A new report 'Hazards with Escalation Potential: Governing the Drivers of Global and Existential Catastrophes' was published by the UNDRR, International Science Council, CSER & Simon Institute for Longterm Governance.
The future of humanity and the planet hinges on human choices. How societies invest in critical infrastructure, political systems, military capacity and technological development creates both opportunities and risks. The impact of human activity has become so extensive that the risk of global and existential catastrophe is increasing fast.
What could cause global and existential catastrophe? What set of events and processes would lead to such worst-case scenarios? And what are the implications for risk research and governance?
This briefing note answers these questions by identifying the hazards that, once paired with corresponding vulnerabilities and exposures, would escalate and cause global and existential catastrophes. Its goal is to distil governance insights on risk cascades from a review of the literature, an expert survey and expert consultations.
Overall, out of the 302 hazards identified in the Hazard Information Profiles (HIPs) developed by the United Nations Office for Disaster Risk Reduction (UNDRR) and the International Science Council to guide more holistic disaster risk reduction,1 10 geological, biological, technological and social hazards were identified as having a global escalation potential. In addition to this list, climate change and artificial intelligence were identified as the most transformative processes with the potential to create, modify or amplify other hazards, vulnerabilities and exposures. This minority of known hazards, which could trigger cascades leading to global and existential catastrophe, warrants focus.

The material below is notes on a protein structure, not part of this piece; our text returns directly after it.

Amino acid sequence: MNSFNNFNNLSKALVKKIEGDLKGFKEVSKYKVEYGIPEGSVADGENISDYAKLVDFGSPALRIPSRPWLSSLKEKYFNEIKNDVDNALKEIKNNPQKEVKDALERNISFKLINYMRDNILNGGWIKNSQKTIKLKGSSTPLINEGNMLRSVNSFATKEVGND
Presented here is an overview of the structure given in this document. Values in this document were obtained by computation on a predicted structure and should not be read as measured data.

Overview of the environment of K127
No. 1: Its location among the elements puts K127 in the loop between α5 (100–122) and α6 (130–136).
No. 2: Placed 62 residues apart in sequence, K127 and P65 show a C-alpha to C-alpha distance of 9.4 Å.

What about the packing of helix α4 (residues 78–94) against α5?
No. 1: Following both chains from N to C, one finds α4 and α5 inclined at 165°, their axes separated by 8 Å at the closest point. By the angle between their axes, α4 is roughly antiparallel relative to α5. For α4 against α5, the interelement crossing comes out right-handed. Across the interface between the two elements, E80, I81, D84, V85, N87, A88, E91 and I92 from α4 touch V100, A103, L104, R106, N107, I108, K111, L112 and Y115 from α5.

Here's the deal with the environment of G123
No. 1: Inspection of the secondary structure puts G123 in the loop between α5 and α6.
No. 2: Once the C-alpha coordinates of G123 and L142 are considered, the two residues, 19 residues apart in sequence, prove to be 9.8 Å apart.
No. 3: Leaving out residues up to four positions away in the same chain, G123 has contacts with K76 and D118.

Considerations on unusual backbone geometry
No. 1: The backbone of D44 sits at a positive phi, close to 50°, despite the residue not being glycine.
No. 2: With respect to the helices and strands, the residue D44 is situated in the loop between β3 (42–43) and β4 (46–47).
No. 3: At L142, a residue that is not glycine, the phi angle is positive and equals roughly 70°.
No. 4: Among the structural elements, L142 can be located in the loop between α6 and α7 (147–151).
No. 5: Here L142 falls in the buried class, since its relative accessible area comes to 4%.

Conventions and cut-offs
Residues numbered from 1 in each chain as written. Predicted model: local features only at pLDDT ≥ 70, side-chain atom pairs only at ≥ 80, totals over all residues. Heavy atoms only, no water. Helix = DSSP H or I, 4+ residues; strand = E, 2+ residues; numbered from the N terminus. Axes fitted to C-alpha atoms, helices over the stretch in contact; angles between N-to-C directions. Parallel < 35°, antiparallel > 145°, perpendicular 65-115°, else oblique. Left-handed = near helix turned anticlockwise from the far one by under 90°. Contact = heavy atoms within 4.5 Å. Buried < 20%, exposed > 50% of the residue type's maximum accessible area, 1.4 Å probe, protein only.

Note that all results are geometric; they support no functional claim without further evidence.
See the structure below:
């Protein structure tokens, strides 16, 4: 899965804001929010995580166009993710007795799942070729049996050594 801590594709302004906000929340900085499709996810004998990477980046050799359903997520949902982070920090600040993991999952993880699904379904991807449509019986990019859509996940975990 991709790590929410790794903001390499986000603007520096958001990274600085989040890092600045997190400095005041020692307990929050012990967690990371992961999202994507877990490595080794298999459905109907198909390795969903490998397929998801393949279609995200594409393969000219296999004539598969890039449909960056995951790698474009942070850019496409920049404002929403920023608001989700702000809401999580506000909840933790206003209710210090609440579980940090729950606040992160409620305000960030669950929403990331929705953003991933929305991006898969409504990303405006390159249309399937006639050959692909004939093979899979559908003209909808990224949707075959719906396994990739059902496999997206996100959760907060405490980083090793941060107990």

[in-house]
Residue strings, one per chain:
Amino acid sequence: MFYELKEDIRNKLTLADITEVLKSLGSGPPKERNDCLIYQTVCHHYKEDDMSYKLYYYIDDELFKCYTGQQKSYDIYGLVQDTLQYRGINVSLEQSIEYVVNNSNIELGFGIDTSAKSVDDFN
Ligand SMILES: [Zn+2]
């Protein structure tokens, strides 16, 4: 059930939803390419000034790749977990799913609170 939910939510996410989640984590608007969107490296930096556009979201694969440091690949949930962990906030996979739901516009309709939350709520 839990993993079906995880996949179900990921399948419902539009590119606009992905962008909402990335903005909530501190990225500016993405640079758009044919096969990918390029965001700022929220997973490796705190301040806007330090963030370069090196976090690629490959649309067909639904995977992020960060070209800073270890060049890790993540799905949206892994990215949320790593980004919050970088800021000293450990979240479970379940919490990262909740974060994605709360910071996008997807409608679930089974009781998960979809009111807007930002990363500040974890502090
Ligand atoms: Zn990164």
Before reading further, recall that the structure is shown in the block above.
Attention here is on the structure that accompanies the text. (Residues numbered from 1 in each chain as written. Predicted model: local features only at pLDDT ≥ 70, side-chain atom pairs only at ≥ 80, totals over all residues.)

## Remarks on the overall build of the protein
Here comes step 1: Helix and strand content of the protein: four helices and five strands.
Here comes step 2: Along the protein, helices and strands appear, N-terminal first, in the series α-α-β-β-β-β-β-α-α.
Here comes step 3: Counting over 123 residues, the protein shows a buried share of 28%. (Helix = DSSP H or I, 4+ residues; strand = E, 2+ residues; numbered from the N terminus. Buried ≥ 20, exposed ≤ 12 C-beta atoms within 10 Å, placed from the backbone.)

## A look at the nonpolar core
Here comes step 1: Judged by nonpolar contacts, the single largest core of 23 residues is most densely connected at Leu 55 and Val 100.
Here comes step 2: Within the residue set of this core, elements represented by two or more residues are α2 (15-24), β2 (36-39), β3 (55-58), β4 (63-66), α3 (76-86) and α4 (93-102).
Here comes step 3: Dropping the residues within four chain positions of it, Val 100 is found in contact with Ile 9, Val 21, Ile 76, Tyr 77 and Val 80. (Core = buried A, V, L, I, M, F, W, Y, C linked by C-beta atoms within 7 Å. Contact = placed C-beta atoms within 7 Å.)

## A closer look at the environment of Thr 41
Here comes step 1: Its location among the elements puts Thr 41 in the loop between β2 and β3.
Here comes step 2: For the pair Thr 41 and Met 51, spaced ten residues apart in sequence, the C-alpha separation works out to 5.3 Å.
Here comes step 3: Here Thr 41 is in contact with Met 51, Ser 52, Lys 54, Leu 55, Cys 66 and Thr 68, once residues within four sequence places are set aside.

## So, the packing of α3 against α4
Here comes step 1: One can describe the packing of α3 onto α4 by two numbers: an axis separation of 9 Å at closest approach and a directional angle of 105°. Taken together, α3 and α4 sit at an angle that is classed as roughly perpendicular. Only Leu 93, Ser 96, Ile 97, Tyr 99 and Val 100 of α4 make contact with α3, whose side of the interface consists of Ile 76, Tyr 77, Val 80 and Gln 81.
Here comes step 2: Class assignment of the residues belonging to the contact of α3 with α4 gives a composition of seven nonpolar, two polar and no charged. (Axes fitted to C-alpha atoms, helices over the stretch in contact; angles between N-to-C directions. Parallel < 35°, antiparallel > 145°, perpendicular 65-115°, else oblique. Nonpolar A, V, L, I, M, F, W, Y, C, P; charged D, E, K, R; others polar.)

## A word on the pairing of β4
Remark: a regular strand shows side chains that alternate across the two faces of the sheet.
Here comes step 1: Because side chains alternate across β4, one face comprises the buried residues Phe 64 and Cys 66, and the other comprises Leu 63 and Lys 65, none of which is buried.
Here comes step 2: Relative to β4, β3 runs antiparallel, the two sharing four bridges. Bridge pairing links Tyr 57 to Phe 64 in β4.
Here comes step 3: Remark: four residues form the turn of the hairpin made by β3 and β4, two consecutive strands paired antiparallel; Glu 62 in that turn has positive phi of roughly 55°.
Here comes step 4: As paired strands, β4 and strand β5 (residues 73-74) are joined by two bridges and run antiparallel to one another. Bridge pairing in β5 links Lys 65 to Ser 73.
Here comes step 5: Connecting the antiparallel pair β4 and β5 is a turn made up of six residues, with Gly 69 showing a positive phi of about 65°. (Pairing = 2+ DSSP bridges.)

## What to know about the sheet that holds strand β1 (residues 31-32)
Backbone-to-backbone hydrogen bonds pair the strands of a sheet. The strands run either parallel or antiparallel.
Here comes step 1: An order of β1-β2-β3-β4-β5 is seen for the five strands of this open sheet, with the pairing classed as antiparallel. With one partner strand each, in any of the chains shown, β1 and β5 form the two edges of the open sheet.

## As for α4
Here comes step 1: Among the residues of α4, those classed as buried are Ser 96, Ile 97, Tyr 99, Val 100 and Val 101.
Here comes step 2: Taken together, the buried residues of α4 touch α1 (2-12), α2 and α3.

Escalating hazards share core characteristics such as the ability to affect multiple systems and to bypass established response and coping capacity. Focusing on these characteristics of the worst hazards can refine governance strategies, making them more adaptive to the various manifestations of risk. Current governance systems are built to prepare and respond to events with known frequency and
manageable severity, but they are not fit for purpose to address worst-case scenarios, which are emerging, exponential and global in scope. This briefing note calls for important changes in risk research and governance to remedy these gaps.